Okanagan skilled worker shortage could worsen in years to come

A lack of skilled workers

The province could face a worsening shortage of skilled workers over the next decade as the number of people coming into the profession lags behind those leaving.

The president of Okanagan College told Kelowna council during his yearly update that economics and demographics are working against each other when it comes to the skilled work force.

Dr. Neil Fassina says there will be growth especially within the construction and automotive trades sectors as the economy begins to fire on all cylinders.

At the same time, Fassina says demographics suggest skilled trades technicians are beginning to move into the next part of their journey - retirement.

"The challenge that create...the system in B.C. creates only about half as many skilled trades professional over the next 10 years as it needs," he says.

"The presidents of the skilled trades providers in the province are working together to try and figure out how we can amplify the volume of skilled trades professionals coming into, staying and succeeding as a skilled trades professional."

Fassina says the challenge facing the college is on the recruiting end. He says there is a false impression that skilled trades "is terminal," in that once you enter the skilled trades, you can't do anything else.

As for the college, Fassina says Okanagan College is the second largest trades provider across its many campuses in the province next only to BCIT.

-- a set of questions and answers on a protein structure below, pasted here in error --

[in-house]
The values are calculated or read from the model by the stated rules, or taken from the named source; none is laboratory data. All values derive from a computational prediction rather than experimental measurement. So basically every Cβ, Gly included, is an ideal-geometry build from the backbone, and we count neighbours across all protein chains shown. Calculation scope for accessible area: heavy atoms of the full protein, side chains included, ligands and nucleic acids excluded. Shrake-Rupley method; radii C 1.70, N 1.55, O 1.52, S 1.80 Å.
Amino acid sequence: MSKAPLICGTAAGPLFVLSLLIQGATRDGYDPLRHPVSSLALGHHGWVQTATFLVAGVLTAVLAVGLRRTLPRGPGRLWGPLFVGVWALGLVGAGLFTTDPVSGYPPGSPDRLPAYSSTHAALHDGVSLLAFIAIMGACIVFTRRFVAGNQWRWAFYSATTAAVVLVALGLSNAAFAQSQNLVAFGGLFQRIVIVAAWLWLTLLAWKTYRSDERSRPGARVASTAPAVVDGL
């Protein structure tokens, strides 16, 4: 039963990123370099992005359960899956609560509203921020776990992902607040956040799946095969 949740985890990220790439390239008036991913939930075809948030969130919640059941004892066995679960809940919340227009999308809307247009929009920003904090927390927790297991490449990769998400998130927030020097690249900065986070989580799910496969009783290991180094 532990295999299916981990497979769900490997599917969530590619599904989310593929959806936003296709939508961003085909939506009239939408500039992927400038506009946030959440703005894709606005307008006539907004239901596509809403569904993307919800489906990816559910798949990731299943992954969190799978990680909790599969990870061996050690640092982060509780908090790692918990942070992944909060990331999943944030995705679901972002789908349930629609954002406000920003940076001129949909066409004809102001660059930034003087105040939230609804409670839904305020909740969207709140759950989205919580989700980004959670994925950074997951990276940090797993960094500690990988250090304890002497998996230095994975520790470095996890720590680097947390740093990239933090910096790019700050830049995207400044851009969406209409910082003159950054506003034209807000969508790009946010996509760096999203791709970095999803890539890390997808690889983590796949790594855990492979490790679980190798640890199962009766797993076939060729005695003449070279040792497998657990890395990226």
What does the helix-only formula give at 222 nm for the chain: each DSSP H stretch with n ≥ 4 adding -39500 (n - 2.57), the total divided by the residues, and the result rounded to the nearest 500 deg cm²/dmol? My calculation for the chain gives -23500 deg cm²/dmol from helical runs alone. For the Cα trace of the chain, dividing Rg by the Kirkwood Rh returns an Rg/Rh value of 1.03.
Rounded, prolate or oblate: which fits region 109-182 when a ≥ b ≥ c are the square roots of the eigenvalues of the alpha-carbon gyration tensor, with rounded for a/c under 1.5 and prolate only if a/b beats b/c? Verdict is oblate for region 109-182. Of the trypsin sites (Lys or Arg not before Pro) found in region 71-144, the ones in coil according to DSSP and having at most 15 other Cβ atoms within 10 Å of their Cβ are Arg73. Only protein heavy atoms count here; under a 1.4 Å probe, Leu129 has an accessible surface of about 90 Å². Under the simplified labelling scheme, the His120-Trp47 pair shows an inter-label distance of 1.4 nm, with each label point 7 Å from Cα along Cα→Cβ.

In fact, when it comes to sites and students, OC is the largest college outside the Lower Mainland.

"Every year we see approximately 17,000 people walk through our doors in one of our nine campus locations up and down the valley. That number is down compared to pre-pandemic, but we are seeing that number come back up."

According to a recently released labour market outlook released by the province, it's anticipated there will be more than one million job openings in the province over the next 10 years, including about 120,000 within the Thompson-Okanagan region.

Fassina says that is key for the institution which covers more than 50 per cent of job openings through courses available within the college.

"That translates into more than 65,000 jobs over the next 10 years coming out of OC students."

More Kelowna News